Announce something here

How to keep your dog from escaping

Tell me if this sounds familiar. You’re doing some housework inside while your dog is safely hanging out in your backyard, barking every once in a while at interesting odors or offending sounds. Everything is normal until suddenly the barking is coming from a different direction — your front door!

Confused, you get up to see what’s going on and are shocked to see that your dog has gotten out. Thank goodness she ran to the front door and started barking, because she could have gotten herself into some serious trouble.

How to keep your dog from escaping is a frightening problem that has plagued many owners — though many may also simultaneously wonder if they should put their pup in some kind of Houdini-eque magic show to exploit his talents!

There are two things to consider if you have an escape artist of a dog: why he tries to escape in the first place, and what you can do to stop him.

Why dogs decide to roam

Dogs roam for all kinds of reasons, and in many cases, it will depend on the personality of your individual pooch. Here are some of the most common causes.

Protecting territory
If your dog tends to bark whenever neighbors come into their backyards or strange sounds are heard on the street, he may attempt to get out to keep his area safe and get those “bad” people to go away.

It’s all well and good to have a backyard for your dog to roam around in, but she needs your attention, too. For some dogs, this can be actual separation anxiety, and leaving is an attempt to find you, but others simply want to hang out with somebody — anybody! If you leave your dog alone in the backyard for too long, she may attempt to leave just to have some kind of social interaction. Along those lines…

Your dog has found something fun
When dogs escape and discover something exciting beyond the fence (another dog to play with, a field to run around in, food), they may keep trying to get out so that they can go have fun again. Why were they trying to escape in the first place? Probably because they were bored.

Your dog has found a friend
If you have an un-neutered male dog and there’s an un-spayed female in heat somewhere in the neighborhood, he will smell her and he will try to find her — and have enormous incentive to get out of the yard however possible, whether over, under, or through the fence.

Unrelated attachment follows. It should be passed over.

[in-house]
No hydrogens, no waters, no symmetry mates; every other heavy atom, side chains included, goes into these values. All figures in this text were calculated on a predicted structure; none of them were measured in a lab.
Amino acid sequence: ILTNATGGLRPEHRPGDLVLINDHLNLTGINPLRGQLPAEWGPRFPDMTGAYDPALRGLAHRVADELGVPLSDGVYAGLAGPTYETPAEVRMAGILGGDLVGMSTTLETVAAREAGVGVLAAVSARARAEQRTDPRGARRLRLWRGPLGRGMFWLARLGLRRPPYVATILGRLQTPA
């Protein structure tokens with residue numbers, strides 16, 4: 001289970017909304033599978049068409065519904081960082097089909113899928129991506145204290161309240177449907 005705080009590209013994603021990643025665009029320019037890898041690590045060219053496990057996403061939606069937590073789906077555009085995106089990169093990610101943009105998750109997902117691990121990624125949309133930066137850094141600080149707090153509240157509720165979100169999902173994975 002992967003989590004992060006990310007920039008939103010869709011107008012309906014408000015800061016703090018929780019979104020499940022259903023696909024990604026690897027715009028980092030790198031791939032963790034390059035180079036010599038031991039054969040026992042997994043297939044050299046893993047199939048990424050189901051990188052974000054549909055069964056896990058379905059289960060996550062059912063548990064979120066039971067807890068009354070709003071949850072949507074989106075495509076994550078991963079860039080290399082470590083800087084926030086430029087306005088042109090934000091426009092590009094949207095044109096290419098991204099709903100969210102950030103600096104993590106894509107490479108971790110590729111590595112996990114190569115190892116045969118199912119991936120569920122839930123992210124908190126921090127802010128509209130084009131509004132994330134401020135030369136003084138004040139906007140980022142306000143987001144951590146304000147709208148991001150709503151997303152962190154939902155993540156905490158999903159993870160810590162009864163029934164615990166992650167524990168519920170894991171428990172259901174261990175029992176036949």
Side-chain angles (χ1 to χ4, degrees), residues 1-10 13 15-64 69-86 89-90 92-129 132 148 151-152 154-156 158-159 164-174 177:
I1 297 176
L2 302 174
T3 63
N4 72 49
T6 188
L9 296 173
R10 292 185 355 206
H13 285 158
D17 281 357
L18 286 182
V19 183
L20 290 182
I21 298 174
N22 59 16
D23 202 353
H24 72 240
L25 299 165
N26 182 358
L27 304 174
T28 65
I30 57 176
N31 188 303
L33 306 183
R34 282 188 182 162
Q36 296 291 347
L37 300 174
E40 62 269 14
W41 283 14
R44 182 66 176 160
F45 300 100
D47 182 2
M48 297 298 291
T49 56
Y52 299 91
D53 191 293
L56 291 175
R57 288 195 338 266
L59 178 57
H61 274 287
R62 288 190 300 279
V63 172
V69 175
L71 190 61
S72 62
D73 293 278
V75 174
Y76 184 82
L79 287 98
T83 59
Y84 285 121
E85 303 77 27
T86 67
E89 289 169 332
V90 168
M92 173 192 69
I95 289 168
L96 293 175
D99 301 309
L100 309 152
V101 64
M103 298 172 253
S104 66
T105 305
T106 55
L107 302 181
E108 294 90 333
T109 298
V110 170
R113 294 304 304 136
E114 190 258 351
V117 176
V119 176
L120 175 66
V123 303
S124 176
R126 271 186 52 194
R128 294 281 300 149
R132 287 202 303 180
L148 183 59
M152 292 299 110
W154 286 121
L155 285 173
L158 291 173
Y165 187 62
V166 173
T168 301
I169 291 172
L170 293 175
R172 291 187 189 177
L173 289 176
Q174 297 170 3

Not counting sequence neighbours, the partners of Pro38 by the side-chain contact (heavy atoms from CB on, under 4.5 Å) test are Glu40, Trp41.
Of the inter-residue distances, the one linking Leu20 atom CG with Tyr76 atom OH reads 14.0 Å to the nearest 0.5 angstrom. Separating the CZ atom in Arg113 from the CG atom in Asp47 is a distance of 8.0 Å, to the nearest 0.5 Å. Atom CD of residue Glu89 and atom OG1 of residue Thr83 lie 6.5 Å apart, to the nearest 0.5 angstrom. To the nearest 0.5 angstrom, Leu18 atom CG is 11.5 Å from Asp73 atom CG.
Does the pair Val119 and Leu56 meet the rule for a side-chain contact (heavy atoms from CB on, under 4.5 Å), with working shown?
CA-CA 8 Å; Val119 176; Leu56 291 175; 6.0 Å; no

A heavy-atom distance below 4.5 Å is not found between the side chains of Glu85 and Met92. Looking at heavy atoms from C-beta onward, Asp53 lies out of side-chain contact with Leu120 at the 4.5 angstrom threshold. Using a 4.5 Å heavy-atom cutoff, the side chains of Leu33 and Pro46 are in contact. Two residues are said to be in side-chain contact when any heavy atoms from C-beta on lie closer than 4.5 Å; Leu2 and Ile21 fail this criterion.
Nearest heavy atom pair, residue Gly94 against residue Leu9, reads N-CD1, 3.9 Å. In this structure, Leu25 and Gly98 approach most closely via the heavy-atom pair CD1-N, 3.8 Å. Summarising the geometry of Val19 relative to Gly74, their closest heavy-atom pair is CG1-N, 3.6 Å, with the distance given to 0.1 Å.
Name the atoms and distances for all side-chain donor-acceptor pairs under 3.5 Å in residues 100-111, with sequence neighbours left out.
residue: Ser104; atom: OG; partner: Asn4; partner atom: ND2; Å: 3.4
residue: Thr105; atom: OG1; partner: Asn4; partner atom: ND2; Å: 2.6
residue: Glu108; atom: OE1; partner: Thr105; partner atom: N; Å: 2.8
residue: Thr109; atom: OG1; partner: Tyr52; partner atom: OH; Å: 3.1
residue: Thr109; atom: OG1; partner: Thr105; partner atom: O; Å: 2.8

Does your dog try to pounce on squirrels during walks and yank out of your grasp because he just knows he can get to that bird before it flies away? If you have a pooch that likes to hunt, he may be escaping because he’s after another animal and will do whatever it takes to get to it.

What to do to prevent roaming

First, install a fence
Hopefully this is obvious, but you never want your dog outside without your supervision if she’s not in an enclosed area of some kind. A physical fence is usually best, but if you are unable to do this in your neighborhood, using an electronic fence is better than risking the possibility of your dog running into the street.

Keep your dog engaged
If you believe that your dog is escaping due to boredom, try to find ways to keep him interested. This might mean getting a few more toys for the backyard, taking longer walks, or teaching him a new trick once a day.

Prevent digging
One of the most common ways for dogs to get out of fenced-in areas is for them to dig a big enough space to crawl under the wall or gate. You can decrease the chances of this happening by placing a chain link fence or large rocks along the edge of the yard, or by burying chicken wire under the ground at the base of the fence so they can’t dig through it.

Spay and neuter
If your male dog is neutered, he’ll be far less likely to try to escape in search of females, and if your female is spayed, she won’t turn your house into a magnet for every unfixed male dog in the area. Bonus points: spayed and neutered dogs can be healthier, live longer lives, and don’t contribute to the problem of too many unwanted dogs around.

For more tips and tricks about keeping your dog from escaping your yard, talk to your vet or a local dog professional. And of course, the best way to keep your dog from escaping is to not let her outside unless you are able to supervise her.

Is your dog an escape artist? Tell us all about it in the comments.

This article is from and is used for blog demonstration purposes only.